Mere Christmas - C.S. Lewis on the Heart of Christmas ~ BitterSweetLife

Thursday, December 06, 2007

Mere Christmas - C.S. Lewis on the Heart of Christmas

I'm a sucker for aesthetics, and I love candles, music, and the smell of a basalm fir--and that's not even touching the deepest reason for joy as Christmas approaches. I love Christmas, but I've sometimes wondered if people who come late to the deeper joy of Christmas might love it even more. Hard to say, but C.S. Lewis was one of those people. His slow journey from atheism via mythology to Christianity made Lewis a man who almost missed out on Christmas entirely.

Lewis' perspective on Christmas is first acerbic, then reverent. He criticizes the materialistic excesses of the season scathingly, but this is like cleansing the palate so that one can enjoy the feast that follows. Here's Lewis lampooning "Christmas" materialism in a little known satirical essay, “Xmas and Christmas: A Lost Chapter from Herodotus.” (It can be found in God in the Dock.) He's writing about his own country, Britain (Niatirb), taking aim at Exmas cards in this exerpt:

In the middle of winter when fogs and rains most abound they have a great festival which they call Exmas and for fifty days they prepare for it in the fashion I shall describe. First of all, every citizen is obliged to send to each of his friends and relations a square piece of hard paper stamped with a picture, which in their speech is called an Exmas-card. But the pictures represent birds sitting on branches, or trees with a dark green prickly leaf, or else men in such garments as the Niatirbians believe that their ancestors wore two hundred years ago riding in coaches such as their ancestors used, or houses with snow on their roofs.

And the Niatirbians are unwilling to say what these pictures have to do with the festival; guarding (as I suppose) some sacred mystery. And because all men must send these cards the marketplace is filled with the crowd of those buying them, so that there is great labour and weariness.

But having bought as many as they suppose to be sufficient, they return to their houses and find there the like cards which others have sent to them. And when they find cards from any to whom they also have sent cards, they throw them away and give thanks to the gods that this labour at least is over for another year.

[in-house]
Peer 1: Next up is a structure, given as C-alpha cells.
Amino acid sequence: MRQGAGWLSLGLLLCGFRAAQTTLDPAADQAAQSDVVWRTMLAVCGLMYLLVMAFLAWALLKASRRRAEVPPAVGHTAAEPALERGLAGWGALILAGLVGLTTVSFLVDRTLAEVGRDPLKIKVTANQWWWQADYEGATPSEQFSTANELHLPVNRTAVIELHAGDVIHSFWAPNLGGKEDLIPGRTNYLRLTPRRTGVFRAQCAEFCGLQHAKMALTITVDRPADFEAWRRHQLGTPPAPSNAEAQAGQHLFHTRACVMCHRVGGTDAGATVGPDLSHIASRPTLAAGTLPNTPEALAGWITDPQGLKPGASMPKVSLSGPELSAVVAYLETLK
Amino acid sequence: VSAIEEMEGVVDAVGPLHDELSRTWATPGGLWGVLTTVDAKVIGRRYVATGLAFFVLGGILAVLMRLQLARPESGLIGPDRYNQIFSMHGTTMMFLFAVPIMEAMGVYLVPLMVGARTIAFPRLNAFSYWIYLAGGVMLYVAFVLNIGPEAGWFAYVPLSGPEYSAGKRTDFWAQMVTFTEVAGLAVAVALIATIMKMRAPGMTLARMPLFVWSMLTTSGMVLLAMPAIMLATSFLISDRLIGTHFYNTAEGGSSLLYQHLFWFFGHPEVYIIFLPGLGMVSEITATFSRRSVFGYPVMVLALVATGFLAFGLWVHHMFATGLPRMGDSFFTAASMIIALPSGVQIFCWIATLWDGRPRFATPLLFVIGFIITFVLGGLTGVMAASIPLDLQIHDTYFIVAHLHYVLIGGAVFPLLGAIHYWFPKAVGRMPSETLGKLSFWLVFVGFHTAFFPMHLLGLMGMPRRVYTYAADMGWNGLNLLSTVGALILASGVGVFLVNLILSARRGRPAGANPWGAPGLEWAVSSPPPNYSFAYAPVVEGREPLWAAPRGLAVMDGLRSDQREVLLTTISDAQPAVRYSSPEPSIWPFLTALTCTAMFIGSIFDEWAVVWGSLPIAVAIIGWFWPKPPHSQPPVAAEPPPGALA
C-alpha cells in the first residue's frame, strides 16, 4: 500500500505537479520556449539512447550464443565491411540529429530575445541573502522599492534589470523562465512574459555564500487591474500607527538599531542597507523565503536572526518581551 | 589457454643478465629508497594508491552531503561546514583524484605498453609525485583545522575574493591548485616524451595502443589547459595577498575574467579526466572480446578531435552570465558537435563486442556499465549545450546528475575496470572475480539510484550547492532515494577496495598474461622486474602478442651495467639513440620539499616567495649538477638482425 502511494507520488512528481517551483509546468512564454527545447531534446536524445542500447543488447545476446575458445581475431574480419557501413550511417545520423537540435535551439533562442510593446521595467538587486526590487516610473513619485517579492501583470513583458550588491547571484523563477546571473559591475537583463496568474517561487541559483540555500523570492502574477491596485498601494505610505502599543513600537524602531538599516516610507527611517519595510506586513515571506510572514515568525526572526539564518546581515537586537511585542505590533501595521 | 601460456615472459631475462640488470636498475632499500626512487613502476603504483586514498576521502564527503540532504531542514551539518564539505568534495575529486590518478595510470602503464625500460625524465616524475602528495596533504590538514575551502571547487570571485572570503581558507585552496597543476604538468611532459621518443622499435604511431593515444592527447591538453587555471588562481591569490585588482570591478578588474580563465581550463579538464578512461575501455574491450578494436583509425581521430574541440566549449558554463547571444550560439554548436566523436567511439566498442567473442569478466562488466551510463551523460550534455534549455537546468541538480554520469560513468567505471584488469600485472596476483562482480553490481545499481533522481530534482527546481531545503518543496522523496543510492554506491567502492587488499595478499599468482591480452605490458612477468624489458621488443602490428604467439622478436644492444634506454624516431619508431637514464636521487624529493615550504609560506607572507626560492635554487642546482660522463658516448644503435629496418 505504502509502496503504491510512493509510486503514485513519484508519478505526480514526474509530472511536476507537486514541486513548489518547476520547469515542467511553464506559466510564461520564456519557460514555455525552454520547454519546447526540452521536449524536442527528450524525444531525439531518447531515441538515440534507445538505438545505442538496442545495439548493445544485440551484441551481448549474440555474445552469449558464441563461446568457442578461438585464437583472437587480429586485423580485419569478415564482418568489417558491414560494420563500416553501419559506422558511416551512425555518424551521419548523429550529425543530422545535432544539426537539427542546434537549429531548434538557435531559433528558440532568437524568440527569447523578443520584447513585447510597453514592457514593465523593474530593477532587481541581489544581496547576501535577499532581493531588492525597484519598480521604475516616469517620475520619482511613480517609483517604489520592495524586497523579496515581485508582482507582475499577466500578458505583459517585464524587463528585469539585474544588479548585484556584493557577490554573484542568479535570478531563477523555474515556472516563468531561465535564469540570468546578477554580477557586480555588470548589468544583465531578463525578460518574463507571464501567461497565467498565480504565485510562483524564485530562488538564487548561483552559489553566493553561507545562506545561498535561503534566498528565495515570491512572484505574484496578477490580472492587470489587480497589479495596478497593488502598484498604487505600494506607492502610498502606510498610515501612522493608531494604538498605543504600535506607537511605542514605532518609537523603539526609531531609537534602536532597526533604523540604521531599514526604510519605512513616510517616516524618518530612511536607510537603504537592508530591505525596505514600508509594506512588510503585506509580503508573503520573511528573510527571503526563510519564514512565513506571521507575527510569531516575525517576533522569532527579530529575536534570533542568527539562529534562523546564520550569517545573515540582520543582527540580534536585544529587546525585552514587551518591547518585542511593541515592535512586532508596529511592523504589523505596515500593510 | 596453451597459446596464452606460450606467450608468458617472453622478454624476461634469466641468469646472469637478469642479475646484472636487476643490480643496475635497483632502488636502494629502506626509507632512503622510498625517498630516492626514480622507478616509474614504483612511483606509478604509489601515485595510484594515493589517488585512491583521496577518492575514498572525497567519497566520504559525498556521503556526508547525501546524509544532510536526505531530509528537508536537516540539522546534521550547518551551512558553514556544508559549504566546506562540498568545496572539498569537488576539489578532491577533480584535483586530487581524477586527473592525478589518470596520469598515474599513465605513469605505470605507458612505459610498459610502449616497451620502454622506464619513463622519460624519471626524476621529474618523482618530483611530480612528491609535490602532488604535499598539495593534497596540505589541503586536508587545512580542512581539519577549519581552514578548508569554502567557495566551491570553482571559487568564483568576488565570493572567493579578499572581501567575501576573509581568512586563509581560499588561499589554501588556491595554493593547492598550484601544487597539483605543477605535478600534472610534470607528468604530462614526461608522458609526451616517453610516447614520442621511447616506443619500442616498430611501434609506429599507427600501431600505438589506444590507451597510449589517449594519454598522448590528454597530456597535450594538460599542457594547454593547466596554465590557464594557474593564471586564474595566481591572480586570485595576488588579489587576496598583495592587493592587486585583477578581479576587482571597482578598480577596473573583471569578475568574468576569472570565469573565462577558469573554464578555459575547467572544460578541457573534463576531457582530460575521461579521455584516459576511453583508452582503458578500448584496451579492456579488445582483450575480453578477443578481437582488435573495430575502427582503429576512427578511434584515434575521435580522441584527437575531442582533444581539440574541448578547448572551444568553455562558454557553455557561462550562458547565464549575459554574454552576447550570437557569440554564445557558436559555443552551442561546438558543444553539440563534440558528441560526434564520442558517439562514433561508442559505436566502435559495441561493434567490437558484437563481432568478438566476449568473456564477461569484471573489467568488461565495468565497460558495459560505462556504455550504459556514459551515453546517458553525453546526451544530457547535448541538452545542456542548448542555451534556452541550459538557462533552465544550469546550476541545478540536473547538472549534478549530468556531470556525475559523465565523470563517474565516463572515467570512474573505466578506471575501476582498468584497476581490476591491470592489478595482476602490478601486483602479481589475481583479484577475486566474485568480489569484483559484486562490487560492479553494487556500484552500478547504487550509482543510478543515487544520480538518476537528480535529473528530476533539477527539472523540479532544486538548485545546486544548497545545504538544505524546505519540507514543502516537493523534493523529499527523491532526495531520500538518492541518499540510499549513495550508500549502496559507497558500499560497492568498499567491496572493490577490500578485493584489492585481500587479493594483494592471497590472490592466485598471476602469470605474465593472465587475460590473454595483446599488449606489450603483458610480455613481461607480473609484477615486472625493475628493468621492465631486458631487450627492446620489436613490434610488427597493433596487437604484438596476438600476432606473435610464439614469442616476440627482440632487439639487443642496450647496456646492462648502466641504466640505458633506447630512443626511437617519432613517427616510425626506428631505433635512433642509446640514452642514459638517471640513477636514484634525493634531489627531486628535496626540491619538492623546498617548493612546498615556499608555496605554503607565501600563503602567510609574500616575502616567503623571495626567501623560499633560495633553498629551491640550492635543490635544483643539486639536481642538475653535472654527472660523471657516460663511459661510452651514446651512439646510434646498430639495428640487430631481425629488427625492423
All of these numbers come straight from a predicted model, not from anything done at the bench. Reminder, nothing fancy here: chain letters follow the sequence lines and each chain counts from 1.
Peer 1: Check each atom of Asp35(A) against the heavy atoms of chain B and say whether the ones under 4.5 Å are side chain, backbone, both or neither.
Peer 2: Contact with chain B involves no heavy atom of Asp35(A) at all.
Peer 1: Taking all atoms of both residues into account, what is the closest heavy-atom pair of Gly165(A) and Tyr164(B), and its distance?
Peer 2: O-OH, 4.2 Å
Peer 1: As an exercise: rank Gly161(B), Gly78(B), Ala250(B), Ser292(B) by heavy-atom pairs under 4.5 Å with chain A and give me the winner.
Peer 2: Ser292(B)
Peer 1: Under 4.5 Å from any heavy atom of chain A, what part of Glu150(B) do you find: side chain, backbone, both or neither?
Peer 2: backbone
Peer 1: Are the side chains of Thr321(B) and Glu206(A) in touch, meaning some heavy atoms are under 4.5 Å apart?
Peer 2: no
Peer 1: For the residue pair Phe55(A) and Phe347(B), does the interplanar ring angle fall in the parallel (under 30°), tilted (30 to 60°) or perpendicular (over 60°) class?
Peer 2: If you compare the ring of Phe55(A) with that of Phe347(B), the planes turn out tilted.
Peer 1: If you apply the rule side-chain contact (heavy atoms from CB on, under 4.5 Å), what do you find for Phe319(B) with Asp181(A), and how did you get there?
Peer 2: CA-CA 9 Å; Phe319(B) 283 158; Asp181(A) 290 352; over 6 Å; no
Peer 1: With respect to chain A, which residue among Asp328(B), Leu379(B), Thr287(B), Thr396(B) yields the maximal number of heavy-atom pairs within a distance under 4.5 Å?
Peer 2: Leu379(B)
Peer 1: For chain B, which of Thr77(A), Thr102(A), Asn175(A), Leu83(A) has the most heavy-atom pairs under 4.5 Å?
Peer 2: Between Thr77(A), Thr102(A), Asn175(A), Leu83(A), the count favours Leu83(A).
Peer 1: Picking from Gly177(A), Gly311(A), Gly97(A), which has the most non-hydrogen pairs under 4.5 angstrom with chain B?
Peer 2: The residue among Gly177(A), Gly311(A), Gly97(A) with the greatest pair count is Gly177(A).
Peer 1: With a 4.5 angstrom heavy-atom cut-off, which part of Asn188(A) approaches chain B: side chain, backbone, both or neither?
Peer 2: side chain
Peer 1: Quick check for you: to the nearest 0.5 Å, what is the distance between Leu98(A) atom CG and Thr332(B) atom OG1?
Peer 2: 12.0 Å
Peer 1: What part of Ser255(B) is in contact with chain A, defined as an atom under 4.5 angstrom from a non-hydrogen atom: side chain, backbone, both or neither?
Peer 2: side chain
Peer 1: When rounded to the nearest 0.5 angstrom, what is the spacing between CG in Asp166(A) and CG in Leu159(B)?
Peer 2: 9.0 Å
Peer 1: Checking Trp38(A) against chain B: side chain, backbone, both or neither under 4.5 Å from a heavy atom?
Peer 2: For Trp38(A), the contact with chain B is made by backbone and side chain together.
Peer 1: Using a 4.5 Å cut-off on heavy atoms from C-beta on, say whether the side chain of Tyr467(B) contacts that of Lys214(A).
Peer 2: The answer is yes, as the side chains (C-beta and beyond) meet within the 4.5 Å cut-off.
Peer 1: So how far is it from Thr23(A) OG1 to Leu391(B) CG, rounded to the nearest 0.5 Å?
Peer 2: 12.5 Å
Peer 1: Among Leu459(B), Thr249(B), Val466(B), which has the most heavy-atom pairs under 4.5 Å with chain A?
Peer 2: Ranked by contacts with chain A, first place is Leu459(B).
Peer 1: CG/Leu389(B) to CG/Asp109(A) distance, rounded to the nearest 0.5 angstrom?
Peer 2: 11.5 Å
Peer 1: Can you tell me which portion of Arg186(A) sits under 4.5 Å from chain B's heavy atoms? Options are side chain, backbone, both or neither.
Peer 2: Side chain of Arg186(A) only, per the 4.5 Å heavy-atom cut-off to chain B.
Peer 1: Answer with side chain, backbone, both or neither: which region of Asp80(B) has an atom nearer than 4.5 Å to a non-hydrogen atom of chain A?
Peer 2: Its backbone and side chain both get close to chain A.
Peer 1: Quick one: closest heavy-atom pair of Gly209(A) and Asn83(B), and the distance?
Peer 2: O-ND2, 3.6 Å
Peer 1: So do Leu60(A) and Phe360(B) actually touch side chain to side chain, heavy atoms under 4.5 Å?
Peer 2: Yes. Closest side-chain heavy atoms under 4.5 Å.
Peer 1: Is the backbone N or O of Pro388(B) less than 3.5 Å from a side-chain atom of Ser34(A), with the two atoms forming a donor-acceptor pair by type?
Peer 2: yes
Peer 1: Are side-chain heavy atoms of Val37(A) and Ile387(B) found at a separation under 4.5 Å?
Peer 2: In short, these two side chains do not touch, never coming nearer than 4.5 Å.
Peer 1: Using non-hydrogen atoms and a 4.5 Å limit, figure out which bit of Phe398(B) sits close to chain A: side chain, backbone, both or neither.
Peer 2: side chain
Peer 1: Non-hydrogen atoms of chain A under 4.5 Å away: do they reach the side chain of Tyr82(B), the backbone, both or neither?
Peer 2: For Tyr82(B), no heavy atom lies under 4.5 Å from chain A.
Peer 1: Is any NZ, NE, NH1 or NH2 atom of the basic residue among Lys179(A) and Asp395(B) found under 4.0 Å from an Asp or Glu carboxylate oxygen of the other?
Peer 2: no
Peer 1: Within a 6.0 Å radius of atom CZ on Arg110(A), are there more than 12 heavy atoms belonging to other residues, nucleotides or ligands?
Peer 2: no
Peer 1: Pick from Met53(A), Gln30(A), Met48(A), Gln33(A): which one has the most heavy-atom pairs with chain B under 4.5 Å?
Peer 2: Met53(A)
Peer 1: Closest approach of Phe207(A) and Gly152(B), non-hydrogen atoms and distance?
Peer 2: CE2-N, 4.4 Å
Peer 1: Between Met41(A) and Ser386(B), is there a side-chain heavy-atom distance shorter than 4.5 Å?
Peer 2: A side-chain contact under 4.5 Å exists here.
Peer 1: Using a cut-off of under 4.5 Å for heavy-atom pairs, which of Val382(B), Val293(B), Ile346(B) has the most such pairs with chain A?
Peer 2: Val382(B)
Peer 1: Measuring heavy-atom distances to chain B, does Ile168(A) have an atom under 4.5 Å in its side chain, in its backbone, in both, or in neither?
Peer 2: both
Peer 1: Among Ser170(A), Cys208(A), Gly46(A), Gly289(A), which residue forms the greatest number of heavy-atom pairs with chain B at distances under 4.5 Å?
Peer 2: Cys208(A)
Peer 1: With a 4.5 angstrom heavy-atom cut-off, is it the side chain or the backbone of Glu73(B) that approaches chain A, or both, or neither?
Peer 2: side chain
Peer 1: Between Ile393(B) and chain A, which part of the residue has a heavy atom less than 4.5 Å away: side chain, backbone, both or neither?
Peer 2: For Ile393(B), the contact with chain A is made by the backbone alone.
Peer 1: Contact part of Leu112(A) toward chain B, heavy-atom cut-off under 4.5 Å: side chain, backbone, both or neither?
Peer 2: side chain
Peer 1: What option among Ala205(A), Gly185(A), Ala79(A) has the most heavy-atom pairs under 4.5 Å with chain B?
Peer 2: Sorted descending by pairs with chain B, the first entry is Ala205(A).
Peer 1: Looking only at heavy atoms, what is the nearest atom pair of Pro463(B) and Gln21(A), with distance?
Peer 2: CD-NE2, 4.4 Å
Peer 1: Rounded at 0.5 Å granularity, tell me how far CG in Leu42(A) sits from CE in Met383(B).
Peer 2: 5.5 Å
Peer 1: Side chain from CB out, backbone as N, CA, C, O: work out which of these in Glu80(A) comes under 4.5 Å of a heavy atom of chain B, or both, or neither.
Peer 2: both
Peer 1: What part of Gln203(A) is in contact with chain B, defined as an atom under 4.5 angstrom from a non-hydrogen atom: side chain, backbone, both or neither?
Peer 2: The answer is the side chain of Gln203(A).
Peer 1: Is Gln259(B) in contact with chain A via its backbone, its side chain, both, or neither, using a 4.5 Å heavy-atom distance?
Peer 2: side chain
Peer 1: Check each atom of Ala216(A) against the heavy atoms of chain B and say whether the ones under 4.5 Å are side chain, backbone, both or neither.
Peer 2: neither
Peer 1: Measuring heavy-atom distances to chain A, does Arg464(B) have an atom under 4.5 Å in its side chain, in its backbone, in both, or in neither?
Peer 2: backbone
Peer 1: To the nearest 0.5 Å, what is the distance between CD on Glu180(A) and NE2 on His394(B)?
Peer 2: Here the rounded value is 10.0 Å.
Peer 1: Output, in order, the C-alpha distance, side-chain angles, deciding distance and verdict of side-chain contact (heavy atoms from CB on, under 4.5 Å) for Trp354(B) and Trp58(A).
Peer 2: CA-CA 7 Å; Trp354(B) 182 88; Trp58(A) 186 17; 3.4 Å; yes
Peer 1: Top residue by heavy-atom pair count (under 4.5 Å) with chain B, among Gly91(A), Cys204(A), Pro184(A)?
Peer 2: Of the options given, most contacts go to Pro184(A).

But when they find cards from any to whom they have not sent, then they beat their breasts and wail and utter curses against the sender; and, having sufficiently lamented their misfortune, they put on their boots again and go out into the fog and rain and buy a card for him also. And let this account suffice about Exmas-cards.

Sound familiar? (And Lewis is just getting started. Read the whole Xmas and Crissmass essay here.) Lewis goes on to contrast the Exmas participants, who are victimized by the holiday they're purportedly celebrating, with another group of celebrants.

But the few among the Niatirbians have also a festival, separate and to themselves, called Crissmas, which is on the same day as Exmas. And those who keep Crissmas, doing the opposite to the majority of the Niatirbians, rise early on that day with shining faces and go before sunrise to certain temples where they partake of a sacred feast. And in most of the temples they set out images of a fair woman with a new-born Child on her knees and certain animals and shepherds adoring the Child.

Clearly, the question to ask is, Are you celebrating Exmas (complete with the dreaded Exmas Rush), or Crissmas--a yearly sacred "feast," inspired by a "true myth" which has changed the world forever? The adherents of Exmas are exhausted and overextended but the Crissmas worshipers are joyful, with shining faces. Are you rushing or feasting? Are your eyes cloudy or bright?

If you're ready to hear it, Lewis will give you the secret of Crissmas in a single sentence. It's the truth we're all dying to hear, the mythic fact that brings light to all our tired stories. What was it that happened on Crissmas, or Christmas? Lewis writes:

The Son of God became a man to enable men to become the sons of
. - C.S. Lewis, Mere Christianity

If we understand the enormous joy of our newfound state as God's children, we can celebrate Christmas instead of draining our bank accounts and wailing. Have you grasped the truth at the heart of Christmas? If not, you're doomed to the drudgery of Exmas. Don't let this season go down that way. Be a worshipper, not merely a card-sender or shopper. C.S. Lewis can help.

For more on C.S. Lewis' Christmas perspective, take a look at Surprised by C.S. Lewis, George MacDonald, and Dante, which has a whole chapter on the topic. See also The Complete C.S. Lewis Signature Classics.

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Will Robison said...

Two C.S. Lewis posts in a row. It must be Crissmas!

Ariel said...

Exactly, my friend. What's Christmas without Lewis? Everyone should read The Lion, the Witch and the Wardrobe this time of year.

Sharone said...

I'm a newcomer to your site (I searched blogger for C.S. Lewis), but I'm already a fan. I've emailed this post to my pastor/father-in-law, who preached a sermon on this very thing two weeks ago. Merry Crissmas!

Ariel said...

Thanks, Sharone. I would've liked to listen in to your father-in-law's sermon, especially if he quoted Lewis... :)


Culture. Photos. Life's nagging questions. - BitterSweetLife